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Friday, March 5, 2021

Qatar considers variable speed limits for vehicles on expressway

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Photo for illustrative purposes only.
Photo for illustrative purposes only.

Qatar’s public works authority Ashghal is looking for companies to give one of the country’s busiest highways a high-tech overhaul.

The changes include placing variable speed limits on February 22nd Street, the name for part of the expressway which runs between D-Ring and Al-Shamal roads, that can be adjusted according to traffic conditions to improve safety, according to an Ashghal tender document for an “intelligent transportation system” operator.

While few details are included in the document, variable speed limits are used in other jurisdictions, such as Washington State in the US, to let motorists know of congestion up ahead that may require a change in speed.

For illustrative purposes only.
For illustrative purposes only.

The objective is to prevent motorists from being forced to slam on their brakes as they come up behind congestion. Instead, encouraging drivers to slow down creates a more consistent traffic flow and reduces the risk of rear-end collisions, according to the Texas A&M Transportation Institute in the US:

Variable speed limits help reduce congestion by encouraging motorists to all drive at a consistent speed, a traffic consultant told Doha News.

“There’s no point in having everyone rush to join the queue,” he said. “Everyone moves continuously.”

Expressway challenges

Congestion has steadily grown on the expressway since it opened to traffic in 2010 and is regularly the scene of serious collisions.

New 80km/hour speed limit on expressway.
New 80km/hour speed limit on expressway.

Over the last year, local traffic officials have tinkered with the speed limit signage on the Doha expressway, starting with an unannounced overnight change from 100 km/h to 80 km/h in January.

At the time, a Traffic Department official was quoted as saying the change was a trial to see if slower speeds would ease congestion and reduce the number of collisions on the road.

Despite claiming that the number of crashes had decreased, traffic department officials said in early August that the speed limit signage would be restored to 100 km/h. However, signs still show the limit at 80 km/h.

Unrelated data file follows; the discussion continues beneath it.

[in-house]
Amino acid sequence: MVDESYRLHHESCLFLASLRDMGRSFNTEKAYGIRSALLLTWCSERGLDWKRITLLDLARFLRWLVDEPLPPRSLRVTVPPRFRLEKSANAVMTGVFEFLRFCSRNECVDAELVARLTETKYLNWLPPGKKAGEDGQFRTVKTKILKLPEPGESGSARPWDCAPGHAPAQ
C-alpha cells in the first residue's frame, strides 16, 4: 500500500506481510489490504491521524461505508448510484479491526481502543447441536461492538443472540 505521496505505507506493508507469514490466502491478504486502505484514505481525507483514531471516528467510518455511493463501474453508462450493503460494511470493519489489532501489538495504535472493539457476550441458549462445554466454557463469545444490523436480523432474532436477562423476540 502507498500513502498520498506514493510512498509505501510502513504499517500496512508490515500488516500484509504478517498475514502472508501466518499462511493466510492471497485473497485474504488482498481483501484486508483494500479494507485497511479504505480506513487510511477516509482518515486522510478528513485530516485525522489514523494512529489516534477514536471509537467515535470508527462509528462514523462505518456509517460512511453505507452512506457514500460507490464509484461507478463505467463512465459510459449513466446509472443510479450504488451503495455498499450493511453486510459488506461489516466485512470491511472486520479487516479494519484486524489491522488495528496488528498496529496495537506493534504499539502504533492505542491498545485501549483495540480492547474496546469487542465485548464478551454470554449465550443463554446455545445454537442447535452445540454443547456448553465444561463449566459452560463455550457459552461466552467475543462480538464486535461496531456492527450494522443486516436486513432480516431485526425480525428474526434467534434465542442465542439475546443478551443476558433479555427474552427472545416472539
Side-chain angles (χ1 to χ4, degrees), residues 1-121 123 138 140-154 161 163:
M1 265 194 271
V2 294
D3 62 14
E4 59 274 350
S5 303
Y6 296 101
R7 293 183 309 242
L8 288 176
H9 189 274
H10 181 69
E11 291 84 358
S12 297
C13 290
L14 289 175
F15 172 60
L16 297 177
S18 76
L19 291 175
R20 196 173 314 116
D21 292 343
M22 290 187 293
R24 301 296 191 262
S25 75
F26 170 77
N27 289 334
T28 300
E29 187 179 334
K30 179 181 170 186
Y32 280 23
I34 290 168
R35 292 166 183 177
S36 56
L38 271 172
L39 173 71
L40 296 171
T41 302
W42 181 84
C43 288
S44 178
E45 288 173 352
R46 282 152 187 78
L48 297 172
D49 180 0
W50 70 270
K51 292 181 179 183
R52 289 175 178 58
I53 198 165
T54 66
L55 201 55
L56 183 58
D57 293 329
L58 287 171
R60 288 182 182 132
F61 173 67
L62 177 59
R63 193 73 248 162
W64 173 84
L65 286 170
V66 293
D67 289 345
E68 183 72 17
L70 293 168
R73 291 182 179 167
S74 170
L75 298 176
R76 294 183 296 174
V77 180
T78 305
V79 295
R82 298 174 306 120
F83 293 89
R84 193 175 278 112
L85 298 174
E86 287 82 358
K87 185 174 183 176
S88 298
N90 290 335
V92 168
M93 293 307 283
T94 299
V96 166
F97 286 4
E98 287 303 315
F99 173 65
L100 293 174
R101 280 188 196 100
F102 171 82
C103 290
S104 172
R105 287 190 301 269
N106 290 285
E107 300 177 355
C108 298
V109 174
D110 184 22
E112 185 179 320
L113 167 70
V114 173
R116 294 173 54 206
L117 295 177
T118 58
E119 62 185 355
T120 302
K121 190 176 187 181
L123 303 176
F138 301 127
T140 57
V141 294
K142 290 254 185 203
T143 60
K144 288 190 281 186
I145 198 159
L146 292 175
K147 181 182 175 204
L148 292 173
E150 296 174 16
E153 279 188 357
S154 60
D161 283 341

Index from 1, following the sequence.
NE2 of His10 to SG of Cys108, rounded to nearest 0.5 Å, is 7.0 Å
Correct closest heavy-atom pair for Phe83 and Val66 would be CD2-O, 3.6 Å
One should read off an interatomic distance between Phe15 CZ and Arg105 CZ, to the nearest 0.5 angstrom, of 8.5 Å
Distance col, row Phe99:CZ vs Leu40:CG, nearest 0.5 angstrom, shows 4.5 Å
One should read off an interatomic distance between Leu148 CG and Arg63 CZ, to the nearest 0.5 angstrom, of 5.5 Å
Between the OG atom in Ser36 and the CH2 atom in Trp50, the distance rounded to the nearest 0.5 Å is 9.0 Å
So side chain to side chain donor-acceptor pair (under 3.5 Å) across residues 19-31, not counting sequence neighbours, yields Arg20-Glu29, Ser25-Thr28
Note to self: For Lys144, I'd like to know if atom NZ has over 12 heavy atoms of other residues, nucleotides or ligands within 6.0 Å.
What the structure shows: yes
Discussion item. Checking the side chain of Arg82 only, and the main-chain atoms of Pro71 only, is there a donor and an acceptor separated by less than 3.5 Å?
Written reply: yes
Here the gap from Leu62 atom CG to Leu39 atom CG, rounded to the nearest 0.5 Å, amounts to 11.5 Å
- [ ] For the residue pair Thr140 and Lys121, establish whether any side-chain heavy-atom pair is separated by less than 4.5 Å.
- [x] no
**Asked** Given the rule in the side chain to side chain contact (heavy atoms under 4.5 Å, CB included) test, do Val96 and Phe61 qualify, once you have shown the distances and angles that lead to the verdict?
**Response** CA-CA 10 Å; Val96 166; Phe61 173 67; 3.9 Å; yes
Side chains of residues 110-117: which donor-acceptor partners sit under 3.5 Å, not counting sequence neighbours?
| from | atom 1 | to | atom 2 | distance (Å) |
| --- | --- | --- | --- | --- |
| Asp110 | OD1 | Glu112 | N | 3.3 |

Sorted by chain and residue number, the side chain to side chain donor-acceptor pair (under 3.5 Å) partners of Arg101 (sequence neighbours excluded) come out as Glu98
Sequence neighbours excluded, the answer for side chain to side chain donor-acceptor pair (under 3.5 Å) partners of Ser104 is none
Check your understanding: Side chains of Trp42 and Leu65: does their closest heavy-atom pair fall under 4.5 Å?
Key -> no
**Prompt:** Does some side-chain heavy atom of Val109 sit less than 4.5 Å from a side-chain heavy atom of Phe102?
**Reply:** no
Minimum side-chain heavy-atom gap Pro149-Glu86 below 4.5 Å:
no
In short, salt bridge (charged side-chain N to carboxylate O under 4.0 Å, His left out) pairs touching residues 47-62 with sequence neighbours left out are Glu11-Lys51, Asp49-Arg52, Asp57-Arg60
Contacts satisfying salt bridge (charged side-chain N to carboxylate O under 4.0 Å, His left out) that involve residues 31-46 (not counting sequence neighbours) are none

The Texas A&M report said traffic authorities need to properly communicate how the system works and its purpose, in order to encourage motorists to comply:

“Drivers must be able to understand why the speed limit is being reduced and that the reason is legitimate.”

Ashghal’s requirements for would-be contractors include technology that enables variable speed limits to be enforced.

The Ministry of Interior has recently extended its use of radar cameras to catch speeders and motorists who pass on the right, which has coincided with a record number of radar-related offences recorded by authorities.

‘Smart’ lights

Intelligent transportation systems (ITS) broadly refer to the use of data collected from vehicles, roads and intersections to more efficiently manage the flow of traffic.

Photo for illustrative purposes only.
Photo for illustrative purposes only.

Currently, some 70 intersections across the country are equipped with “smart” traffic lights that use sensors to judge the volume of traffic on the roads at any given moment and alter the phasing of the red and green lights accordingly.

Traffic Department officials were quoted as saying in August that all intersections in Qatar would be equipped with the technology, but gave no timeline for the upgrade.

Authorities have said ITS will be a part of all future transportation projects.

“No project will go for tender unless there is ITS infrastructure on it,” Yousef Al Emadi, Ashghal’s manager of roads operations and maintenance, recently told The Edge magazine.

Other components of the February 22nd Street project include:

  • Automatic incident detection: Technology identify, locate and clear debris and vehicles involved in collisions from the road using CCTV cameras, vehicle detectors and software;
  • Hard-shoulder technology: Enable the use of the hard-shoulder to improve traffic flow during incidents;
  • Vehicle type restrictions: Technology to enforce removal of slow-moving, large vehicles during the period of high-volume traffic by using digital signage to instruct commercial vehicles to take alternative routes;
  • Traffic signal timing improvements and ramp meters: Technology to improve the movement of traffic on and off February 22 Street;
  • Roadway infrastructure protection: Technology to detect and re-route overly tall or heavy vehicles that would otherwise damage infrastructure; and
  • Electronic emergency gates: Devices in the center median that can be raised by police to divert traffic onto the opposite lanes during serious incidents.

Ashghal is restricting the February 22nd Street project to Qatari companies and joint ventures. Contractors have until Dec. 8 to respond.

Once a contract is awarded, construction is expected to be completed within 300 days.

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